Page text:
Program in Law & History
The Program in Law and History, established in 2007, supports the study of law in its historical context. The program brings together scholars and students from the University of Minnesota and around the world to foster teaching and research in all areas and periods of legal history.
Highlights of the Program in Law and History
- Numerous interdisciplinary courses that provide insight into the historical dynamics between law and social/cultural change, as well as instruction in the ways history figures in legal argument. Courses include the general survey course, American Legal History, as well as American Indian History, Civil Rights: Citizenship and Human Rights, Great Cases, Women’s Legal History and many more choices.
- Erickson Graduate Fellowship in Law and History to support summer research in legal history.
- Collaboration with the interdisciplinary University of Minnesota Graduate Program in history, which unites emerging historians worldwide to investigate, interrogate, and interpret the past.
- Access to the Stefan A. Riesenfeld Rare Books Research Center, offering one of the country’s outstanding collections of rare legal books and a first-rate resource for the study of American and English law and history.
April 11, 20173:30 pm to 5:00 pm
December 9, 20169:00 am to 10:30 am
Debt's Seduction and Defining Women's Worth: The Patriarchal Dance of Law and Finance in the New Debt EconomyDecember 2, 20169:00 am to 10:30 am
“The Law and History Program’s legal history workshop was one of the most enriching parts of my graduate training. Leading legal historians from across the country shared their works-in-progress. Hearing how their thinking was changing about a topic even as they were engaged in the process of writing a book helped me realize just how winding—and ultimately how much more rewarding—the path to a finished work of scholarship can be.”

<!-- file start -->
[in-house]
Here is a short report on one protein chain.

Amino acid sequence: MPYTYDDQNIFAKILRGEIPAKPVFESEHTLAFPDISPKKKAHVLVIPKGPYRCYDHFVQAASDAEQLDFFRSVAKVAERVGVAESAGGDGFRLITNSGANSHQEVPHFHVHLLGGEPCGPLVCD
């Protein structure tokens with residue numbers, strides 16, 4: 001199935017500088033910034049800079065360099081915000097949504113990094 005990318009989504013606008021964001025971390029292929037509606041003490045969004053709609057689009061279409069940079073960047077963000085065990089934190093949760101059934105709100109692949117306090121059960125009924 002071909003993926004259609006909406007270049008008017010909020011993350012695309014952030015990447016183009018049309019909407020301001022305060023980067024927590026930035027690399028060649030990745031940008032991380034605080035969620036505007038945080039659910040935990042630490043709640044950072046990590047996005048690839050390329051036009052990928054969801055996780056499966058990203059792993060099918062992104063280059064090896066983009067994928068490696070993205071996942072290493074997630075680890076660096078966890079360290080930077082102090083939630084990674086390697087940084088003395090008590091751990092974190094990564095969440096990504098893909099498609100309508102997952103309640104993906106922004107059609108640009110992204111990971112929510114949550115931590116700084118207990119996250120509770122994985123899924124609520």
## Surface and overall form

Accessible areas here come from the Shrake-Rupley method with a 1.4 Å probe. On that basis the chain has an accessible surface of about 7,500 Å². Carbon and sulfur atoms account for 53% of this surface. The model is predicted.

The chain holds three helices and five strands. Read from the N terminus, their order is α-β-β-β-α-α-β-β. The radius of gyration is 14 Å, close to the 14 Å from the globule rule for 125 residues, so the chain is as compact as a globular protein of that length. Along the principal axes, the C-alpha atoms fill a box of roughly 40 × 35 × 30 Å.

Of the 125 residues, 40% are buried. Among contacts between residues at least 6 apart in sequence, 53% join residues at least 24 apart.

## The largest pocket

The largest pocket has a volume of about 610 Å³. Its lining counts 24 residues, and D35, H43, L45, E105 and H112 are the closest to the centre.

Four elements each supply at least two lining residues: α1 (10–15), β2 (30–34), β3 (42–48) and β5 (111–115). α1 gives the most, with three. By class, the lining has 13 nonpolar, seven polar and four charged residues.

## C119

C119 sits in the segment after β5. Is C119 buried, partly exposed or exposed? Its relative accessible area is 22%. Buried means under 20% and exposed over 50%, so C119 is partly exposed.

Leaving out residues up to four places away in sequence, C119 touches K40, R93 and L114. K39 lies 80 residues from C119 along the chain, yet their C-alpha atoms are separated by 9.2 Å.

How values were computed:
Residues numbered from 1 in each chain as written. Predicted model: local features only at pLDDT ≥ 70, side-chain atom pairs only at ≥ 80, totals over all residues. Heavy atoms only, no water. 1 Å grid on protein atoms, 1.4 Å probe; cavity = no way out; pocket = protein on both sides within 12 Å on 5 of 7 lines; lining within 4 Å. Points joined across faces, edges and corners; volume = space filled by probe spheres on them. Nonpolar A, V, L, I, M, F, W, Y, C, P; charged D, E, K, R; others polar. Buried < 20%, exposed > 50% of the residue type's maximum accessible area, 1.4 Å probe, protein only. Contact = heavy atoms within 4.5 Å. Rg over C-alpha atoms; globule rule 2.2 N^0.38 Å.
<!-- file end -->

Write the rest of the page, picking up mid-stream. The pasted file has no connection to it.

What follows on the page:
Daniel LaChance, Ph.D. in American Studies, 2011, Assistant Professor and Mellon Law and Humanities Fellow, Department of History, Emory University.
Author of “Executing Freedom: The Cultural Life of Capital Punishment in the United States”
(Chicago: University of Chicago Press, 2016).
“The Legal History Workshop has given me an education in law and society scholarship that has fundamentally shaped my research and teaching interests. The program’s Erickson Fellowship offered invaluable funds that helped me complete my dissertation research.”
Evan Taparata, Ph.D. candidate, History Department, University of Minnesota
“The Legal History Workshop provides students a rare opportunity to exchange ideas with faculty, renowned scholars, and other students. Reading works-in-progress demystifies academic writing and knowledge production, while the free circulation of ideas enriches everyone’s thinking. The Workshop truly allows students to engage as junior scholars and colleagues.”
Jennifer Henry, Ph.D. student, History Department, University of Minnesota